Connell said that the FBI memos will assist defense teams in arguing that the FBI used information obtained by torture to structure their own interrogations.

On Wednesday, prosecutor Trivett raised the issue in court. He asked Perkins if she reviewed the CIA background information before interrogating al Hawsawi. When she gave a lengthy answer explaining that she did not “rely” on this information, Judge Pohl told her she was not being responsive.

Perkins acknowledged that the information from the earlier CIA interrogations “may have influenced me.”

However, she said the interrogations on Jan. 11, 12, 13 and 16 – totaling about 28 hours – were voluntary, professional and cordial, with the interrogators and al Hawsawi sharing lunch. She said al Hawsawi was advised that he could stop participating at any time and that he would never be returned to any other “group” that may have detained him before.

Perkins testified that the interrogation only differed from other FBI interviews in that al Hawsawi was not read Miranda rights or offered a lawyer.

Ruiz is expected to start, and possibly finish, his cross examinations of Fitzgerald and Perkins on Thursday.

His motion challenging the court’s jurisdiction over his client is based on his team’s position that hostilities did not exist between al Qaeda and the U.S. until the invasion of Afghanistan in October 2001. The absence of hostilities before then would make the case appropriate for federal court, not a military commission, Ruiz contends. He plans to call as a witness this week Creighton Law School professor Sean Watts, who is an expert in the law of war.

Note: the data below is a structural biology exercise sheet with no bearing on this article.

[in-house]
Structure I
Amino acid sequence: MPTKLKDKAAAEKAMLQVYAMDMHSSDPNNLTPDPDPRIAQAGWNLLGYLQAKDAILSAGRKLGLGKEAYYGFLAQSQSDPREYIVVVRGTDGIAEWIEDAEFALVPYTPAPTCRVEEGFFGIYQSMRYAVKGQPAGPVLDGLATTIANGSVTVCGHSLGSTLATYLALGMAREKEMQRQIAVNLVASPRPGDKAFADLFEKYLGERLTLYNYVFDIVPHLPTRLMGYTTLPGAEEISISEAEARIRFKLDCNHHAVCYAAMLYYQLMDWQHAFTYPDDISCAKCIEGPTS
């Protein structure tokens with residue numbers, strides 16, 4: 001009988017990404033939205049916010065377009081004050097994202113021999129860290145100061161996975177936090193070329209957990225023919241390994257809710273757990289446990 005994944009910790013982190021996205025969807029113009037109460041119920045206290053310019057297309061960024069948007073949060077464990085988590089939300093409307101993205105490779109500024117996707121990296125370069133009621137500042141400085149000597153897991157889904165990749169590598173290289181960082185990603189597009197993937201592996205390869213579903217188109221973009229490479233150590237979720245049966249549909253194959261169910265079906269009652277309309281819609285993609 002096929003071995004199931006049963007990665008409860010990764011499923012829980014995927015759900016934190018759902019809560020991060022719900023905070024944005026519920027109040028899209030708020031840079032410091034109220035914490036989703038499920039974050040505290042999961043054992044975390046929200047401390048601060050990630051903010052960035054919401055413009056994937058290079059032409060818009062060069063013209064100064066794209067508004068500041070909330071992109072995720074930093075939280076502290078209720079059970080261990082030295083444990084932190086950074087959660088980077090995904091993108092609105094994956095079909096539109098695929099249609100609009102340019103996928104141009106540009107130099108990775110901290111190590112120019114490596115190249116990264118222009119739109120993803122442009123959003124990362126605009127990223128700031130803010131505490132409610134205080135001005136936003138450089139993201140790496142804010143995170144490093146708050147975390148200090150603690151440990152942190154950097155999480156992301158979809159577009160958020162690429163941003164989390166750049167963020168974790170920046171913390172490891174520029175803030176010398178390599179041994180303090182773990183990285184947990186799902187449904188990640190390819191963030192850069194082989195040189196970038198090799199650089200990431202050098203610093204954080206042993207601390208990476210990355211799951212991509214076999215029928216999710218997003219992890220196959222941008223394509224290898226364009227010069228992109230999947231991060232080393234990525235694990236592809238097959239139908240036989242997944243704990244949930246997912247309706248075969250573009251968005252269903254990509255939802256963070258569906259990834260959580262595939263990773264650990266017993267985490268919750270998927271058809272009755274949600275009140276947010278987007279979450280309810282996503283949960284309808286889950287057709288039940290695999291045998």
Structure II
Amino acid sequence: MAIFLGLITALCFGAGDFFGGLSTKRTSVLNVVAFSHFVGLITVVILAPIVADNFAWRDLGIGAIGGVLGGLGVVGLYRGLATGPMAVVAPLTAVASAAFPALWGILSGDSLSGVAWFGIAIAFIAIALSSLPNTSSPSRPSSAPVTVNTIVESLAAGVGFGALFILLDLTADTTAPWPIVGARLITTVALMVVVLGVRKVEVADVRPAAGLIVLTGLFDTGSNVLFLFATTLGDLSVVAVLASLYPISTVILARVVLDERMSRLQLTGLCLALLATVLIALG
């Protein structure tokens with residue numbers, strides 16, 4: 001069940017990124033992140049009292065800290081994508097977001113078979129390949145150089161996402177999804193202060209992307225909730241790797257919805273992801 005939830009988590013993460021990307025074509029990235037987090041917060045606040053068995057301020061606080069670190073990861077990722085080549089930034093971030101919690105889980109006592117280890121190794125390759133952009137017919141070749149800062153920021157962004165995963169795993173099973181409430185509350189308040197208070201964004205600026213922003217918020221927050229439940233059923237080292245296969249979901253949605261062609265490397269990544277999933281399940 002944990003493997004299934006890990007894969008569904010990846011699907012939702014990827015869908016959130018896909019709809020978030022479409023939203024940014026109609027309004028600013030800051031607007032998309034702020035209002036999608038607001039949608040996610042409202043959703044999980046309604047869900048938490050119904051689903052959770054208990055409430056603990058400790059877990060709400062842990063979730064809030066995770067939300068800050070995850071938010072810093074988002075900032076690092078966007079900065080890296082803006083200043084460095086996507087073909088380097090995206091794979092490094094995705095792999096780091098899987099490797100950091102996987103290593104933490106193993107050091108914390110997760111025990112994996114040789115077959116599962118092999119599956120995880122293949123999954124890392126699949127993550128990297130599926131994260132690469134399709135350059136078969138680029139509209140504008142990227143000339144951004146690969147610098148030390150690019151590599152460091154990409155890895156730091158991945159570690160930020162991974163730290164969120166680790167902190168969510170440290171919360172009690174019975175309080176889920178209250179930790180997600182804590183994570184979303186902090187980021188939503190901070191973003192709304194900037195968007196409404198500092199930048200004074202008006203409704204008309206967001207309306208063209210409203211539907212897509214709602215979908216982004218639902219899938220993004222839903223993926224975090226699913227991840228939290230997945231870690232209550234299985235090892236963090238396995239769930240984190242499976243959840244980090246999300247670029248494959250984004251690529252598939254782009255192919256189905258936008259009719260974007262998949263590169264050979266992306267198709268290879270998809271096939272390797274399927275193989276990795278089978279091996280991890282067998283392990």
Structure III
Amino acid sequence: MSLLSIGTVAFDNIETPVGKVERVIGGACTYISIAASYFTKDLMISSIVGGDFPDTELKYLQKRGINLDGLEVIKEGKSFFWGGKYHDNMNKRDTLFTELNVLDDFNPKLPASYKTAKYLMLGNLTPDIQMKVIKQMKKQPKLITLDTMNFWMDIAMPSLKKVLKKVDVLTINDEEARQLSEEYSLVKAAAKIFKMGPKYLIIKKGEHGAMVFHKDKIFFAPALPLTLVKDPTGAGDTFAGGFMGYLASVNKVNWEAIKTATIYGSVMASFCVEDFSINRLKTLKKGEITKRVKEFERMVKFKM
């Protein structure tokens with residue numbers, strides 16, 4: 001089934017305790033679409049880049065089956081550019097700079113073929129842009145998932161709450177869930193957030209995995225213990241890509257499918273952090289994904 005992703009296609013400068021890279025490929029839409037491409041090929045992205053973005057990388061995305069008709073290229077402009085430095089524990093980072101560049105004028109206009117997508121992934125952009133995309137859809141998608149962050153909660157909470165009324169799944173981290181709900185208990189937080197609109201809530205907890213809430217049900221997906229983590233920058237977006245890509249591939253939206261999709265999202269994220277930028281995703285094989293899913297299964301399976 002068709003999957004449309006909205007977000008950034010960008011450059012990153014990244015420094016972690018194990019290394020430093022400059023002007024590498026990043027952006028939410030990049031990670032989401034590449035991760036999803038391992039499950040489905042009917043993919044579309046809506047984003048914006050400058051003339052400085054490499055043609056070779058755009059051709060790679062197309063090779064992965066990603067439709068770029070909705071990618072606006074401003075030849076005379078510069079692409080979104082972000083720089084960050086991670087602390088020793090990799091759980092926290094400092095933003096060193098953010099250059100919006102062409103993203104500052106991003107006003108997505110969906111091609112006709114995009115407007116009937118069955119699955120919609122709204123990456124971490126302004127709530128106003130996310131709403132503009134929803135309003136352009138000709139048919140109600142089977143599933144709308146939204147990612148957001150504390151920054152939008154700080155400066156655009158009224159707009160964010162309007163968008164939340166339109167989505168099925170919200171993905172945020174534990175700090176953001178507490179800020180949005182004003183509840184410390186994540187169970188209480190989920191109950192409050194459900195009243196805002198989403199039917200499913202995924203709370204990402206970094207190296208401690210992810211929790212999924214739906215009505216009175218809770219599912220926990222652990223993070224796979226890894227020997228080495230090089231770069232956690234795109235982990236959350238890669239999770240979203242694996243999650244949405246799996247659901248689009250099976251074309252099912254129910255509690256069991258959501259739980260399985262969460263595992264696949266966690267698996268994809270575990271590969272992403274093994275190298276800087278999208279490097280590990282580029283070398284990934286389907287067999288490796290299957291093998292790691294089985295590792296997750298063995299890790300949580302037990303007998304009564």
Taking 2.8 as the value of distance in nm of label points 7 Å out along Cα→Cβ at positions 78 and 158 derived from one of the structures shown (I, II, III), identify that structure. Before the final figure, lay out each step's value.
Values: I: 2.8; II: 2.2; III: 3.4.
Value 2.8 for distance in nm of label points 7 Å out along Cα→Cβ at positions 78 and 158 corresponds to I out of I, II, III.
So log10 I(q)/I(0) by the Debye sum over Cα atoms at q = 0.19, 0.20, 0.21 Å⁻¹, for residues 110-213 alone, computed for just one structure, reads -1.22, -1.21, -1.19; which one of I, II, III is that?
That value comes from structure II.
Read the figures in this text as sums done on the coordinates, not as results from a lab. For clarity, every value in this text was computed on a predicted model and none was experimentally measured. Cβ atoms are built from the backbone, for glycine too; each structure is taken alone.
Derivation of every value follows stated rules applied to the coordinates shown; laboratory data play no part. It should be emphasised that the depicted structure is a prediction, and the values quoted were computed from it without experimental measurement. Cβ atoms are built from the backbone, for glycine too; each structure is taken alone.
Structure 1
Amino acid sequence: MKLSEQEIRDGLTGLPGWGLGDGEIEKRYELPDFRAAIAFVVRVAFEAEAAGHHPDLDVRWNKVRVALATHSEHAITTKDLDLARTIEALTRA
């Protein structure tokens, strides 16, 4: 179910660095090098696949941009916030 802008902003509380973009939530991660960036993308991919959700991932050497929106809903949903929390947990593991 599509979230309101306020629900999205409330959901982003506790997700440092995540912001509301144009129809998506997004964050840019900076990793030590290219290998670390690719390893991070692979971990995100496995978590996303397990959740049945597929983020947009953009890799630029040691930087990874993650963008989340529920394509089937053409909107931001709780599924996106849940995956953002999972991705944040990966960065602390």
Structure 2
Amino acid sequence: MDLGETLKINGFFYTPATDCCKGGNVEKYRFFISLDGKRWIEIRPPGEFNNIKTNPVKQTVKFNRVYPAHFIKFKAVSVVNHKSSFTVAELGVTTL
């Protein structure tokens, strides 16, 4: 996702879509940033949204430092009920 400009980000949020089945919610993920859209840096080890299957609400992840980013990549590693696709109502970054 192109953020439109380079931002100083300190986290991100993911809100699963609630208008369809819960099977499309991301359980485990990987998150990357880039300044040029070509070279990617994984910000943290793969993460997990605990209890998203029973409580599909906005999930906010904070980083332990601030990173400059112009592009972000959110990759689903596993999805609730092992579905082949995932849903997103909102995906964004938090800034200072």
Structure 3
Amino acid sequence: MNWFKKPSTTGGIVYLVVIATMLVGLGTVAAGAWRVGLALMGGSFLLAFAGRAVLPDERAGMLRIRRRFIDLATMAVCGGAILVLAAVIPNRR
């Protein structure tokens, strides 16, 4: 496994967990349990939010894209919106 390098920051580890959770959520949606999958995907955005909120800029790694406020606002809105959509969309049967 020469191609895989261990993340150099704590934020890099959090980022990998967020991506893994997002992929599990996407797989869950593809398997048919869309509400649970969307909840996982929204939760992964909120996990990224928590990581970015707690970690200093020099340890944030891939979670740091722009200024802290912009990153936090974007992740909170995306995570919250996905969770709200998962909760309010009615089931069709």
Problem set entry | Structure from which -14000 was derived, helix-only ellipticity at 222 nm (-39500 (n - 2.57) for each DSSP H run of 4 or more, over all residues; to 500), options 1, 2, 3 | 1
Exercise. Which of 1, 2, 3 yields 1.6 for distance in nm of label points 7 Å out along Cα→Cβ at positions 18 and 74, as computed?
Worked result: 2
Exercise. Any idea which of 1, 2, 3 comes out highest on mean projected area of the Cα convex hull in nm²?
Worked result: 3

Connell’s team for al Baluchi is also challenging personal jurisdiction, but its hearing will not start until sometime during the 2018 pretrial sessions. The other three teams, including lawyers for alleged plot mastermind Khalid Shaikh Mohammad, are waiting for additional discovery on hostilities from the government before filing their jurisdictional motions.

The judge has not yet set a trial date. (Related: read Lawdragon’s profile of Walter Ruiz.)

This article was initially published on Tuesday, Dec. 5, 2017, and updated on Dec. 6, 2017, to include Wednesday’s testimony.